November 12, 2003

New South African immigration to be renegotiated

The Mozambican embassy in South Africa confirmed on Wednesday that it was trying to renegotiate a recently passed immigration law with authorities in Pretoria, claiming that the legislation discriminated against migrant mine workers. "We have raised our concerns with the relevant authorities, and they have assured us that they will take some of the issues seriously. Our main objection is that many of the Mozambican migrant workers have worked in South Africa for 20 years. Their contribution to the development of South Africa needs to be recognised," Petro Taimo of the labour department in the Mozambican embassy declared.

According to Taimo, the new legislation introduces a 2.5 % tax on foreign miners' wages to fund training courses for South African workers. "This 2 % tax means that it is not worthwhile for the migrants to continue working in the country. South Africa might as well send them back home," he commented. The law also reduces contract periods to a six-month maximum and the workers, mainly from Mozambique, Botswana and Swaziland, are expected to leave South Africa within 72 hours of their contracts expiring. Thereafter they may reapply for another contract.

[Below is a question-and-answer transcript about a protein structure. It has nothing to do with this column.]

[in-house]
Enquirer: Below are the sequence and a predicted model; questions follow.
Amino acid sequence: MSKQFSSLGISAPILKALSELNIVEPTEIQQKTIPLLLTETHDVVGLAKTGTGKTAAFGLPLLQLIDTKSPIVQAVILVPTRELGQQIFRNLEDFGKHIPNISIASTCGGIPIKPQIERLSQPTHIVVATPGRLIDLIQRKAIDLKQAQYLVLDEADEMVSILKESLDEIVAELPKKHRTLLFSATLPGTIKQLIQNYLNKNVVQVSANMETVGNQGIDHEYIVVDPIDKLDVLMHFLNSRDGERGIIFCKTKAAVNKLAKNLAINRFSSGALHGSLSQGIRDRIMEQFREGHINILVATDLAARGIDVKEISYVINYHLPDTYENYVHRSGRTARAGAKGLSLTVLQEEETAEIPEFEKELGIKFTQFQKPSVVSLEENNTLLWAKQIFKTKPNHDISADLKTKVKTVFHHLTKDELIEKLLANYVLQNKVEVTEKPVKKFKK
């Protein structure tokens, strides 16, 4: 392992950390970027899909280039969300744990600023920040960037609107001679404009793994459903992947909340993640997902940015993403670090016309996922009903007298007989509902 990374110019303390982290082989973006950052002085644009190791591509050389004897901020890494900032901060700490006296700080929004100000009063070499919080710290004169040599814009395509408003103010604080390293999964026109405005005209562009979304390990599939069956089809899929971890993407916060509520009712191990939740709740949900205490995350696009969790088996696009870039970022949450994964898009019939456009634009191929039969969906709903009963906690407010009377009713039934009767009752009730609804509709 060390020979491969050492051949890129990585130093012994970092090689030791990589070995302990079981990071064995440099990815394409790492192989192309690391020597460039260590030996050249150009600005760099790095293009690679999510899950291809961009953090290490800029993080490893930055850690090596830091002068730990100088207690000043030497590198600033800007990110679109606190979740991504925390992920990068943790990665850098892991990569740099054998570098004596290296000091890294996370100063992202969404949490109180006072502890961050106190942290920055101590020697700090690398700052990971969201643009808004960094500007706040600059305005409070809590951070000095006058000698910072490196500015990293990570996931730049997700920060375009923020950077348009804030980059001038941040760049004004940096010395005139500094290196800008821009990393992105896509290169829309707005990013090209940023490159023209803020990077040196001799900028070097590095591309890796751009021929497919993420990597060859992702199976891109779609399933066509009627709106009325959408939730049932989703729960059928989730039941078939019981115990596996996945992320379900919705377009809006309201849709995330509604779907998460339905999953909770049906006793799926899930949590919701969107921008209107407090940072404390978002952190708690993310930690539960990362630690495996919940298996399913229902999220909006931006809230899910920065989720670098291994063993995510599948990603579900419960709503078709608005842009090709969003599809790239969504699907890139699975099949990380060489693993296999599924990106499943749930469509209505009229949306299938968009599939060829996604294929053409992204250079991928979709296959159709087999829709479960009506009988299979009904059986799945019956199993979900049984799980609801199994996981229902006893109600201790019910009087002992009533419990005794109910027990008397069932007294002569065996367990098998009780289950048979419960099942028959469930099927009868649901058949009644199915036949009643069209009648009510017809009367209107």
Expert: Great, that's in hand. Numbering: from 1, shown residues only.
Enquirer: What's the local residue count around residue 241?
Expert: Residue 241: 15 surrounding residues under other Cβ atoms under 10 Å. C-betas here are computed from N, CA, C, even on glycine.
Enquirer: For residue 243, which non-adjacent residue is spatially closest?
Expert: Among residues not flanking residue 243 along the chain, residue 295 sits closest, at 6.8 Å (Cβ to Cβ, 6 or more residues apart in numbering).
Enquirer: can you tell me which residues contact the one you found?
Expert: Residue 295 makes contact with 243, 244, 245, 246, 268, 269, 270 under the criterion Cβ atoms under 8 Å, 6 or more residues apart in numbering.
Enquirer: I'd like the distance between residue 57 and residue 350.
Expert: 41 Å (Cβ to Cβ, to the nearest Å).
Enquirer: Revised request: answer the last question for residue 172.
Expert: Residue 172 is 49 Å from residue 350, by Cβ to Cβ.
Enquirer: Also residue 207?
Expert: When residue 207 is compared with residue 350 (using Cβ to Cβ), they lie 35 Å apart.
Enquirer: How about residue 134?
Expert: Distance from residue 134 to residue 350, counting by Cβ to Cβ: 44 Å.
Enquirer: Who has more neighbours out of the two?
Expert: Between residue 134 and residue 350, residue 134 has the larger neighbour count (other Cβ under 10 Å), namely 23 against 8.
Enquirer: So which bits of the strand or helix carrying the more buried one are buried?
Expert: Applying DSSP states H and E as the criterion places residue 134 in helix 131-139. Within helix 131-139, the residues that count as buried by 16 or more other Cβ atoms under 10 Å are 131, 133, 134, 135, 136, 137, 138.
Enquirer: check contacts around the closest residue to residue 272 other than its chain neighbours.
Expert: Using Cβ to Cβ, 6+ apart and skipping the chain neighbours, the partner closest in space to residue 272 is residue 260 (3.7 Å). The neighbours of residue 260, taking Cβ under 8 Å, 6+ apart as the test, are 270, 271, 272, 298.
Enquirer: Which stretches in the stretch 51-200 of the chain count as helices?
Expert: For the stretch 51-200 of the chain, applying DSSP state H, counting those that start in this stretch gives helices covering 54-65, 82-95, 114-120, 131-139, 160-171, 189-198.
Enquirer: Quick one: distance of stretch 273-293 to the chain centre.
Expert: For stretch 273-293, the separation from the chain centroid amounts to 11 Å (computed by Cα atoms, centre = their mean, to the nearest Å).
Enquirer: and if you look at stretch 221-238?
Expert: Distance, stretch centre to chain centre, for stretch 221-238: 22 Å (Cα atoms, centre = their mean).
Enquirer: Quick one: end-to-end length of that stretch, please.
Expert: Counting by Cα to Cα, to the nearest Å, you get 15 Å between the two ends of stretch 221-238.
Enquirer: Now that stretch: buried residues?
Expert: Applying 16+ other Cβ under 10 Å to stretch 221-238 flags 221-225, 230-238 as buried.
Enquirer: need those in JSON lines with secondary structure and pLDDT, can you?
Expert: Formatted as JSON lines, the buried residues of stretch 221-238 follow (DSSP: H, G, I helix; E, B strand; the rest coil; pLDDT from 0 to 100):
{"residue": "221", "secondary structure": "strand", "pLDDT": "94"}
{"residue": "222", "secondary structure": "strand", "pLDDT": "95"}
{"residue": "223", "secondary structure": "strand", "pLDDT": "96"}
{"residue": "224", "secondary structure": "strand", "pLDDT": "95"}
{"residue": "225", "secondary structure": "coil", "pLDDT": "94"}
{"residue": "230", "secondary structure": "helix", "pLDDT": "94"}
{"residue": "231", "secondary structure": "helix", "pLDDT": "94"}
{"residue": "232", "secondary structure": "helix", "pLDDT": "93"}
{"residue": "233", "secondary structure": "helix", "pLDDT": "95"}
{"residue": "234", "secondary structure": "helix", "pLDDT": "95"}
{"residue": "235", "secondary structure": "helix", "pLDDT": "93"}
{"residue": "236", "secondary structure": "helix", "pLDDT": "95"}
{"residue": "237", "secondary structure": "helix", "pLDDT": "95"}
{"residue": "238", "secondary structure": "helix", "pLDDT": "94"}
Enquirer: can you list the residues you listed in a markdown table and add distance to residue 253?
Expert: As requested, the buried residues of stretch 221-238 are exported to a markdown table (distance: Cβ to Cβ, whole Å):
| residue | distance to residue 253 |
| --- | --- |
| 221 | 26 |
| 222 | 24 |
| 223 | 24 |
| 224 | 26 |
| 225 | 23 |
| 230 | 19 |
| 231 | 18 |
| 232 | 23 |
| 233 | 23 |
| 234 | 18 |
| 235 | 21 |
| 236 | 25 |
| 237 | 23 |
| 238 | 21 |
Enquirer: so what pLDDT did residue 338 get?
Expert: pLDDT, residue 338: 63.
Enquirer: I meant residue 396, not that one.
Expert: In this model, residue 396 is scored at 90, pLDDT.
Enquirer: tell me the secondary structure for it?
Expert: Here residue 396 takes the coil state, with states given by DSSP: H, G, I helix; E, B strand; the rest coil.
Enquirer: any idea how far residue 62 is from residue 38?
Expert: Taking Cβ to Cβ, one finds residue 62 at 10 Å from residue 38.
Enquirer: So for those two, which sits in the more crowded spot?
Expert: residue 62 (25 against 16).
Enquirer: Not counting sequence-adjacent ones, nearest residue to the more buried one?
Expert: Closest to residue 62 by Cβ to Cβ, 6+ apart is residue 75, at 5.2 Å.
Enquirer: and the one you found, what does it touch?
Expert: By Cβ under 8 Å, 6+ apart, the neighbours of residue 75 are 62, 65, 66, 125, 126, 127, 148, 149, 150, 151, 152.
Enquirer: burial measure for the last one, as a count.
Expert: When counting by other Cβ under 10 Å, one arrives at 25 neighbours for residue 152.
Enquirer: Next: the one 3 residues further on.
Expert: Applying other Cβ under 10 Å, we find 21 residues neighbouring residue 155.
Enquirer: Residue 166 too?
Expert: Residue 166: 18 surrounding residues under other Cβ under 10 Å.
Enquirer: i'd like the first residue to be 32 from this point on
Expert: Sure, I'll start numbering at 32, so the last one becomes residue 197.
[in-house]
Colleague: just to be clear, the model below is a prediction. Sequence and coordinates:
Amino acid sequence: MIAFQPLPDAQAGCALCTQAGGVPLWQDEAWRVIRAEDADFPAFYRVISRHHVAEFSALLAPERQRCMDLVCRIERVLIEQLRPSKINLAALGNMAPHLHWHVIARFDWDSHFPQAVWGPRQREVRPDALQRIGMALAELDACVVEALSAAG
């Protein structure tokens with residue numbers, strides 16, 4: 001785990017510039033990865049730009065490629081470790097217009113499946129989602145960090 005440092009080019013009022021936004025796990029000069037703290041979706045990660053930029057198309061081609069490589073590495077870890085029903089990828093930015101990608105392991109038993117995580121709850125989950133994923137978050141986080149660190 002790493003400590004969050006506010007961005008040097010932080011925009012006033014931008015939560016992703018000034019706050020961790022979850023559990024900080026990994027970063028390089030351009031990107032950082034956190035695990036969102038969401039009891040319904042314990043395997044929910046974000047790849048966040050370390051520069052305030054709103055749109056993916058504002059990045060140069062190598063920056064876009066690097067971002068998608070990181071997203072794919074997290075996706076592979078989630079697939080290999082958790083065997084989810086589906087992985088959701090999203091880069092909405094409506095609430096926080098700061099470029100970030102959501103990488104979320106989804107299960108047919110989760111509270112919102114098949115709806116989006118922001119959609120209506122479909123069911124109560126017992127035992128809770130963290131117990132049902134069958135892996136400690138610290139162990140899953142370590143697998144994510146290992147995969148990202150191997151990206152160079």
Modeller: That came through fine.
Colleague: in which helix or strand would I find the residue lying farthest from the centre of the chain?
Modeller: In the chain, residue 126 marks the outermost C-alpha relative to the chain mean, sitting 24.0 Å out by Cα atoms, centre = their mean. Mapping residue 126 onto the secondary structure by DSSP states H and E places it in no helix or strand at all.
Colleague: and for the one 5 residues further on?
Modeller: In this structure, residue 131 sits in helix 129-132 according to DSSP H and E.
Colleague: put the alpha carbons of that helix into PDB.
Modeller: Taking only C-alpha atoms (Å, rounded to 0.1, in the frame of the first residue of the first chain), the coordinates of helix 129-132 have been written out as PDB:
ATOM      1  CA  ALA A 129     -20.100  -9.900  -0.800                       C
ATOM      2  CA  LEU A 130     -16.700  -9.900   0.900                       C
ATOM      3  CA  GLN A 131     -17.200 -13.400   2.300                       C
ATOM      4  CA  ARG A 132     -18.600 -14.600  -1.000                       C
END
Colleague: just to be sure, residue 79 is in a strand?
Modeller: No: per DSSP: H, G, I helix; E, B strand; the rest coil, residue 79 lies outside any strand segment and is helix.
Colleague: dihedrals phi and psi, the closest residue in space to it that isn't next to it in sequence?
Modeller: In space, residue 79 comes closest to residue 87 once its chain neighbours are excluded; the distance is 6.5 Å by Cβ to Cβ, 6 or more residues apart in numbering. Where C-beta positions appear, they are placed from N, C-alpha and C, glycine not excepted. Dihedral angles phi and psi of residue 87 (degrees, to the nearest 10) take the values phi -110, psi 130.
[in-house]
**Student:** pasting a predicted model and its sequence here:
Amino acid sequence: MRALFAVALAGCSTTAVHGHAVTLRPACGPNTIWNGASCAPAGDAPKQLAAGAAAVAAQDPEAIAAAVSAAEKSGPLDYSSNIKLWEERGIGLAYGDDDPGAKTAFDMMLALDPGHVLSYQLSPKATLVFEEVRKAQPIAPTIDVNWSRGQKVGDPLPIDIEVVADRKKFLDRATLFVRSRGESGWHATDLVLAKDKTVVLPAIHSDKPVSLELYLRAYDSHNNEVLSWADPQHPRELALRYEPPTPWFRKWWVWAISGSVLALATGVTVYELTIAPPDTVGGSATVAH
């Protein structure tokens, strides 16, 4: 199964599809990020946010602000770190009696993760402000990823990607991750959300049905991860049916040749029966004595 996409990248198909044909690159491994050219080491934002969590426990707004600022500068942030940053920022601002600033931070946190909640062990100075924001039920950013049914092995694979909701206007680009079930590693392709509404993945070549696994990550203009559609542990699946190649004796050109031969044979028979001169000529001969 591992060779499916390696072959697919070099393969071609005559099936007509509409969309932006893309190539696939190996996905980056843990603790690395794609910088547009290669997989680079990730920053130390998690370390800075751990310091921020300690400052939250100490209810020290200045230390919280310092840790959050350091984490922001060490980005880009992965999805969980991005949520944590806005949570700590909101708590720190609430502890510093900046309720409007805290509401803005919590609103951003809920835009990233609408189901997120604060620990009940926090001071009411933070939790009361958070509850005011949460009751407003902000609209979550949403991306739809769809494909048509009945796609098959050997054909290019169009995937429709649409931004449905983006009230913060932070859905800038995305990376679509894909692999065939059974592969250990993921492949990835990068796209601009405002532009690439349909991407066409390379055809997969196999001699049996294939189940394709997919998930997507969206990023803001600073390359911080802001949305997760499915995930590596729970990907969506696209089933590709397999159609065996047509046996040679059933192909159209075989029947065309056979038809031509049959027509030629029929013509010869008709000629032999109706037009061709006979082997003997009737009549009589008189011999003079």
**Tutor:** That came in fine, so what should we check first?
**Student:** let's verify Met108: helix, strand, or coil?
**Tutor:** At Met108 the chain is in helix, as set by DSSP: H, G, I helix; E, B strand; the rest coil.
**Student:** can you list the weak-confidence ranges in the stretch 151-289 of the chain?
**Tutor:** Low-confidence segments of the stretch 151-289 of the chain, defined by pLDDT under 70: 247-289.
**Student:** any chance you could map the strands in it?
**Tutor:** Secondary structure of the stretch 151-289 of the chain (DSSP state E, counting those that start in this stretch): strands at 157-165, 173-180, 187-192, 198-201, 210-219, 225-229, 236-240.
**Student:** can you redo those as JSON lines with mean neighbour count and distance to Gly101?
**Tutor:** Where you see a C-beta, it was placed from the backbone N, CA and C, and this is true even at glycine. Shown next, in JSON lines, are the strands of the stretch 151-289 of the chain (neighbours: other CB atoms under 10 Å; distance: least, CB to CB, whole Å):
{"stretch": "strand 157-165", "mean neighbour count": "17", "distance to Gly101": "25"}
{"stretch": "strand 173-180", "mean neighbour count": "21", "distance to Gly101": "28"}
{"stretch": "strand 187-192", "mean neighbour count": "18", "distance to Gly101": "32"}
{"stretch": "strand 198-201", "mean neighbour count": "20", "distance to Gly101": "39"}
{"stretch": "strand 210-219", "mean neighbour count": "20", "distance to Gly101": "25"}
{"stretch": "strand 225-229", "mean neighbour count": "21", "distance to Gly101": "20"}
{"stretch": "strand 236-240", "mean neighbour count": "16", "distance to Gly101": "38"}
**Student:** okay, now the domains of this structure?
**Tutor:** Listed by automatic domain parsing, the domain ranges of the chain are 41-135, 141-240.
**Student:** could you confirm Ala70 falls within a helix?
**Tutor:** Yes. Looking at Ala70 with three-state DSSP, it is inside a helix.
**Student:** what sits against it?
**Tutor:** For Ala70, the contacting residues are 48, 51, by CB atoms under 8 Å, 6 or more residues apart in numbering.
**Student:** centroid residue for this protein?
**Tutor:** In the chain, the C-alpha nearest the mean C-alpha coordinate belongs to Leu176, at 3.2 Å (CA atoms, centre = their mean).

Taimo noted a 1964 bilateral agreement between South Africa and Mozambique that was "far more beneficial for migrant workers". Under the 1964 accord, Mozambicans working in South Africa's mines received 40 % of their salaries in South Africa and the remainder in Mozambique. The agreement also stipulated one-year minimum contracts that were automatically renewable for six months.

"We are not saying that South Africa must necessarily revert to the 1964 agreement. But it would be beneficial to all concerned if we continue to discuss how the positive aspects of that earlier agreement can be blended into the new law," Taimo said.

According to the Johannesburg office of the Mozambican Labour Department, there are 52.918 Mozambican workers employed in the South African mining industry, 29.020 in the agricultural sector, and 5.007 in the service sector. Jonathan Crush of the Southern African Migration Project said it would be in the best interests of both governments and the mining sector to review the existing law. He added that there was no reason why the 1964 bilateral agreement between the two countries could not run concurrently with the new immigration law. (IRIN)

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